An ambitious first-half performance against Wales gave Tim Weah a goal, brilliantly assisted by Christian Pulisic. The second half was a chore.

The United States created more high-quality chances than England on Friday, a surprising development given the United States’ continuing problems and England’s 6-2 loss to Iran four days earlier. early. Again, however, the Americans lacked that finishing touch.

The Three Lions have been criticized for their performance. The Sun’s headline read: “Yawn America.” The Daily Mail said: ‘Boring, Boring England!’ and the Evening Standard called it a “Reality Check as England come second to USA to deflate World Cup draw”.

Berhalter didn’t call Friday’s game a big success because “you need the score to win the game, and we didn’t.”

“We’ve been close a couple of times and we’ve put a lot of pressure on them,” he said. “And we want to keep improving in this tournament, and that’s our goal.”

There was no pun intended by Berhalter, who, in his only roster change after the Wales game, swapped forwards: Haji Wright for Josh Sargent. One of 10 shots against England was on target, not counting Pulisic’s offer on the crossbar.

“If you create 100 chances, at least one of them will eventually come in,” said midfielder Weston McKennie, who squandered a golden chance in the first half. “The most important thing is that we have created chances and that we can be a threat. And that will only build.

On Tuesday, the Americans will also have to live up to the spirit of Iran. Team Melli bounced back from the England disaster to play with great energy and unflinching faith in a 2-0 win over Wales at 10. Both goals came in stoppage time from the second half just rewards after attacking enthusiastically all afternoon and blaring the posts twice in a row in a second-half flurry.

Iranians were also facing unrest in their country and the arrest of a well-known player, Voria Ghafouri, for protesting against the regime in Tehran. (He is not part of the World Cup squad.)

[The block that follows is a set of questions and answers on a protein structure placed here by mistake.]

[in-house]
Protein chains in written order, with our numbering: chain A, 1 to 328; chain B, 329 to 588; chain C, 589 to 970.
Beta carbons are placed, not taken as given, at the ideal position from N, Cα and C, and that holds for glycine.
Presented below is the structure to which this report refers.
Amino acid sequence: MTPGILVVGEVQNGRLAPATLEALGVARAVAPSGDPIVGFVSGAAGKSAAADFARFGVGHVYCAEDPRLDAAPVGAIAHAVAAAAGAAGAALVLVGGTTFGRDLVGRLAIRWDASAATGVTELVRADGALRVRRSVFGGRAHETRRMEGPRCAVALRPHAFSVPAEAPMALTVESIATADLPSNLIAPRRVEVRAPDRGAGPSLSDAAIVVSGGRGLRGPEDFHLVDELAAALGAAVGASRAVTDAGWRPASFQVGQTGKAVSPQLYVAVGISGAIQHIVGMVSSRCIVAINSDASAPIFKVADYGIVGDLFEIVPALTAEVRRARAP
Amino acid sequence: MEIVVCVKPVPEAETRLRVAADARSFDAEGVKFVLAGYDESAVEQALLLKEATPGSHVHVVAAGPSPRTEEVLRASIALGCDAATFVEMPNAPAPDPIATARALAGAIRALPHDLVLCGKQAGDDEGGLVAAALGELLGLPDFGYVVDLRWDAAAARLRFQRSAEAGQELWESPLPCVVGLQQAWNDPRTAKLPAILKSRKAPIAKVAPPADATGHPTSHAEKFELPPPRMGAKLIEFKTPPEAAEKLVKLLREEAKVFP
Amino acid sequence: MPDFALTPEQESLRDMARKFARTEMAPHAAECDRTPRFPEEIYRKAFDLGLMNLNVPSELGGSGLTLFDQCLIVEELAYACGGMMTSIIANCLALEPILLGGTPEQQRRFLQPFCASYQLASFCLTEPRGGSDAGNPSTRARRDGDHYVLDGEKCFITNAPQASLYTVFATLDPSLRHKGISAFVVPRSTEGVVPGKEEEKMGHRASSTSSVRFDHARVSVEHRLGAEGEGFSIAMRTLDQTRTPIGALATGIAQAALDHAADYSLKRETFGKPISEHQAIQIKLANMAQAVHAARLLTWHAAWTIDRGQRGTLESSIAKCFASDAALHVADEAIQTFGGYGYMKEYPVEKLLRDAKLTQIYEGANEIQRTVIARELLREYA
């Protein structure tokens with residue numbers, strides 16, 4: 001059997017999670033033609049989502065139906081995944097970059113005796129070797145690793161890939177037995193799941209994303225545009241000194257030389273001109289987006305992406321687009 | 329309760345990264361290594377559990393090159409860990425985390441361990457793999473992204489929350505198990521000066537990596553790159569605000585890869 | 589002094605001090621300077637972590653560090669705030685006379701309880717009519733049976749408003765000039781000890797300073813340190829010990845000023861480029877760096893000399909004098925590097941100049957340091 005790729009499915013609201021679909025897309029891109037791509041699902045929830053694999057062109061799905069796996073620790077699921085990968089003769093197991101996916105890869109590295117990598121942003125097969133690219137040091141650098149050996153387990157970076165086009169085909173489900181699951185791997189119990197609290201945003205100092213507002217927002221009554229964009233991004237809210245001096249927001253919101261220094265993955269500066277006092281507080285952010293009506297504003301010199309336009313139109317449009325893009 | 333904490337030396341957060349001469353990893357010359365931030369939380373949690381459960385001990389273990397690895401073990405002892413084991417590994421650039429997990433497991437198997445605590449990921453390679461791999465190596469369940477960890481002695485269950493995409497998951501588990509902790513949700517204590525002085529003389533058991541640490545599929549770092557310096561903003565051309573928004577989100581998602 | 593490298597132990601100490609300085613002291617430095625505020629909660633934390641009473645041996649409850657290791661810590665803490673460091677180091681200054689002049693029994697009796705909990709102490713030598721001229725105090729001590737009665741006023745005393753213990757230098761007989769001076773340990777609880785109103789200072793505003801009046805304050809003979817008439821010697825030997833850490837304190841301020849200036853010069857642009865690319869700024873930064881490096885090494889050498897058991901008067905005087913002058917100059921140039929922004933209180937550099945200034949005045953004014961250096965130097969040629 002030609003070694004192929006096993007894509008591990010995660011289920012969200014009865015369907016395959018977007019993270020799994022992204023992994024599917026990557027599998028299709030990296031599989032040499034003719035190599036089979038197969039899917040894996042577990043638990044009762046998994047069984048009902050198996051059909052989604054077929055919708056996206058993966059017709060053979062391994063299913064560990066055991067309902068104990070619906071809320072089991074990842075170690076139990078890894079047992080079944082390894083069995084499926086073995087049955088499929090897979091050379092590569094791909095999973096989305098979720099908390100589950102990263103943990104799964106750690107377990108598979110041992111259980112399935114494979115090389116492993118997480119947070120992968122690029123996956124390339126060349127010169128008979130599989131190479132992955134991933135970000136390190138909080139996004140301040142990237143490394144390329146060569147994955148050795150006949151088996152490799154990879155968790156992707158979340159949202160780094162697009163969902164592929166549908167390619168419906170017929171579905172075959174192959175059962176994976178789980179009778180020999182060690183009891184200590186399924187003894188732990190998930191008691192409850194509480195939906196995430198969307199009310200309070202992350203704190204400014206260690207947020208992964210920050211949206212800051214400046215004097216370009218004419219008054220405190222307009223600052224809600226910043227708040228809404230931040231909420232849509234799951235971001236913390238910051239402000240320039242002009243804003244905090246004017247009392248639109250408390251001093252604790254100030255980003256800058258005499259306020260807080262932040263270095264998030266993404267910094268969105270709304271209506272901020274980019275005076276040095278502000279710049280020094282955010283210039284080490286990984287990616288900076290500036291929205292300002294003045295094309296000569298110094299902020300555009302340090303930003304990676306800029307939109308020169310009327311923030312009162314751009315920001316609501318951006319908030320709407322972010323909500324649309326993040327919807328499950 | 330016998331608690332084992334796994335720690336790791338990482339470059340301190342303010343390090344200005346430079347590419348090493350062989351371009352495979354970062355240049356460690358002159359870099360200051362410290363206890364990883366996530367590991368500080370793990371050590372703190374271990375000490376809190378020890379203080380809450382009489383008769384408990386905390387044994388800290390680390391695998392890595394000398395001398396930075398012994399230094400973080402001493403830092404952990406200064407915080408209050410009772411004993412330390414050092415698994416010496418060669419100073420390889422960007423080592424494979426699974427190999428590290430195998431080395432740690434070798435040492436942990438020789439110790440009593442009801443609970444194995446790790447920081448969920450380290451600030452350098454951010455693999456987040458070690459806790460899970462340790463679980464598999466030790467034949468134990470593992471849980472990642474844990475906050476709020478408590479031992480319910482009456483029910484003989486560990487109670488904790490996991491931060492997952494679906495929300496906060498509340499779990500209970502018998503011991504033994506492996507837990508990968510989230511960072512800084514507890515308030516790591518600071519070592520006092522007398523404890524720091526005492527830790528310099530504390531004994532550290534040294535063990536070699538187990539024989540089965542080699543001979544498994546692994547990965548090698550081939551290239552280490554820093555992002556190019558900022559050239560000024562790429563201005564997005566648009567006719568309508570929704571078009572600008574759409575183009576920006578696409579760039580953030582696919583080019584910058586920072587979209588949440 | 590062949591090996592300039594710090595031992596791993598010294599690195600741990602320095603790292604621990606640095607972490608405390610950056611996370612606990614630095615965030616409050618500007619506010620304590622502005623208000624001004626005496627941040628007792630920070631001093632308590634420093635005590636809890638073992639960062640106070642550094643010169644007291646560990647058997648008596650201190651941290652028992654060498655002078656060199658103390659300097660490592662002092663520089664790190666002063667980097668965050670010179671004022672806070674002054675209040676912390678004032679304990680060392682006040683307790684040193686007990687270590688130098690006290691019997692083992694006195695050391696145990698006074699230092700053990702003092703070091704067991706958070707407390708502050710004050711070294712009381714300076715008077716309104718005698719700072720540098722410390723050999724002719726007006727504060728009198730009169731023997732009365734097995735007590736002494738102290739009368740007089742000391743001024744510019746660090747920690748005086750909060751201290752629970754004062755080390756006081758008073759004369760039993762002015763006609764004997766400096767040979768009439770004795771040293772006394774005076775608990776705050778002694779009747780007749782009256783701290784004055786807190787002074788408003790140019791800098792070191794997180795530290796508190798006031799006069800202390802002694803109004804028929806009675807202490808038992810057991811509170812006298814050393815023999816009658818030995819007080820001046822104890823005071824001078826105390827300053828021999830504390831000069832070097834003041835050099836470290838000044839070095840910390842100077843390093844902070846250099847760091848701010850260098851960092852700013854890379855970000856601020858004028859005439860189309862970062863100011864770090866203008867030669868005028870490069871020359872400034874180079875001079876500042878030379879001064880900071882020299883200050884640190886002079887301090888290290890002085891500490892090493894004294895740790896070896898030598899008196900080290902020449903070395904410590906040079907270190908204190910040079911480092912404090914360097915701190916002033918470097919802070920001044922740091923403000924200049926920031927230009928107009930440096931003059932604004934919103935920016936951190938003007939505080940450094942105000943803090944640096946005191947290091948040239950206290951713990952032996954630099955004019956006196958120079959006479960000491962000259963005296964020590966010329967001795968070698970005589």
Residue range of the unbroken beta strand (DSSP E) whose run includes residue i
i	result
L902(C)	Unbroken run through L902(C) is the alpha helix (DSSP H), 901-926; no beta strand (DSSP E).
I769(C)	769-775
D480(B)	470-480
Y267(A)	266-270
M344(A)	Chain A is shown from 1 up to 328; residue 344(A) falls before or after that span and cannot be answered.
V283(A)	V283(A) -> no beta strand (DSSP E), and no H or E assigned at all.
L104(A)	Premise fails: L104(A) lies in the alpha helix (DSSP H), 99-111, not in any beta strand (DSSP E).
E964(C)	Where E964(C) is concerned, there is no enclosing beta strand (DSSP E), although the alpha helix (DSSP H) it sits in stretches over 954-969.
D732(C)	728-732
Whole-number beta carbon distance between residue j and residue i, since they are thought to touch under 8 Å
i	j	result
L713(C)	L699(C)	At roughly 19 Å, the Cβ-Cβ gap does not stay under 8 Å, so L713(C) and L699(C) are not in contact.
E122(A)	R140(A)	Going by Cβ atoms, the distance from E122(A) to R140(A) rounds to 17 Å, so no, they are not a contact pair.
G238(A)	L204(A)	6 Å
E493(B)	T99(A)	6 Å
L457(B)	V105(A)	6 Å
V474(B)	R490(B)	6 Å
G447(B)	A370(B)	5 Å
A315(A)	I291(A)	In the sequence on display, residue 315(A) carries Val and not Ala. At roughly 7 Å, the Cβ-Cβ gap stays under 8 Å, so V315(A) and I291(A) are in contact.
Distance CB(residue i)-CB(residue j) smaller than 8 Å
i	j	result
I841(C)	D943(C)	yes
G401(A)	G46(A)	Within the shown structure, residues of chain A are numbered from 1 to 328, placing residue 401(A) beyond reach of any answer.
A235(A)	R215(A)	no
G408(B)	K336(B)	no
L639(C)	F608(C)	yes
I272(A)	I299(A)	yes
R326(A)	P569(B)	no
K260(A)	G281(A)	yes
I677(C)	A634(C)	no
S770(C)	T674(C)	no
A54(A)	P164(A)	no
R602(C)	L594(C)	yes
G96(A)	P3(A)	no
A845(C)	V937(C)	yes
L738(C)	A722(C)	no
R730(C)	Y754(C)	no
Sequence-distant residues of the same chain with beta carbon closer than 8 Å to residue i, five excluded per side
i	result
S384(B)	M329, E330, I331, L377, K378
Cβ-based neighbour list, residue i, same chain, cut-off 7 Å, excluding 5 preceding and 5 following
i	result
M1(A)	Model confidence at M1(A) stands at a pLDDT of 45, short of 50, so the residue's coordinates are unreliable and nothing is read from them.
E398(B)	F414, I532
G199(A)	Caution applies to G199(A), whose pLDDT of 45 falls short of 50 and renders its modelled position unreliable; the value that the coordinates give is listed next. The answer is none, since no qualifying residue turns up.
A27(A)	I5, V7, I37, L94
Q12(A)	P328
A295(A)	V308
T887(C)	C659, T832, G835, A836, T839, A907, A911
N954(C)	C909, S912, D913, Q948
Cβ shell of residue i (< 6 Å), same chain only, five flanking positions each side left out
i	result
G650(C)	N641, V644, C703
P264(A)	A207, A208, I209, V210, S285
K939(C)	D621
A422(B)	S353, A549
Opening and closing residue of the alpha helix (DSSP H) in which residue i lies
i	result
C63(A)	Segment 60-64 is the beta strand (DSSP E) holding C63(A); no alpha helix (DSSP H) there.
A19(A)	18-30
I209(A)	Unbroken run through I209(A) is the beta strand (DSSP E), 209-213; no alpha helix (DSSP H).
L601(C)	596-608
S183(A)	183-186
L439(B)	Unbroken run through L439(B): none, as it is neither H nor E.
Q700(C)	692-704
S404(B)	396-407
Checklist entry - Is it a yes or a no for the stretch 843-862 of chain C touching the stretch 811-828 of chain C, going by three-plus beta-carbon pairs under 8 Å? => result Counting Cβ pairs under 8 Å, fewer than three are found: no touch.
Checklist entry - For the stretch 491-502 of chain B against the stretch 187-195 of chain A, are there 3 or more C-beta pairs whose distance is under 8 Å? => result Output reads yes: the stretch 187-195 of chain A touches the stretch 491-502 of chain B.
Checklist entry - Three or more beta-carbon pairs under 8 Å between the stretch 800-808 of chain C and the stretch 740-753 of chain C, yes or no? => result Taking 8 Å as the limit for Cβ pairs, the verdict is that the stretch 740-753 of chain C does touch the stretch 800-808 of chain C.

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Since the World Cup draw in April, the United States-Iran match has been billed not just as a sporting event, but as a clash of political enemies. On Friday, Berhalter played down that.

“I played in three different countries and coached in Sweden,” he said. “And the thing about football is that you meet so many different people from all over the world, and you are united by the common love of the sport of football. I imagine the match will be very close for the fact that the two teams want to go to the next round, not because of politics or relations in our country. We are footballers and we are going to compete. They are going to compete, and that’s it.

World Cup in Qatar

The last: The United States draw 0-0 with England in their second World Cup game on Friday to set up a must-win group final against Iran. Read highlights from the Group B game.

Political protest: The looming backdrop to Iran’s World Cup campaign is a nationwide protest movement targeting its religious leaders, and tensions, inevitable and lingering, are spilling onto the pitch.

Strong points: Where on Tuesday there had been Saudi Arabia against Argentina, it is now the spectacle over 73 minutes in Brazil against Serbia. The wonder of a Richarlison goal cemented Brazil’s opening 2-0 win.

Perspective: The beautiful game is good. Suitcases full of cash are better. Read Sally Jenkins on Qatar’s human rights controversy.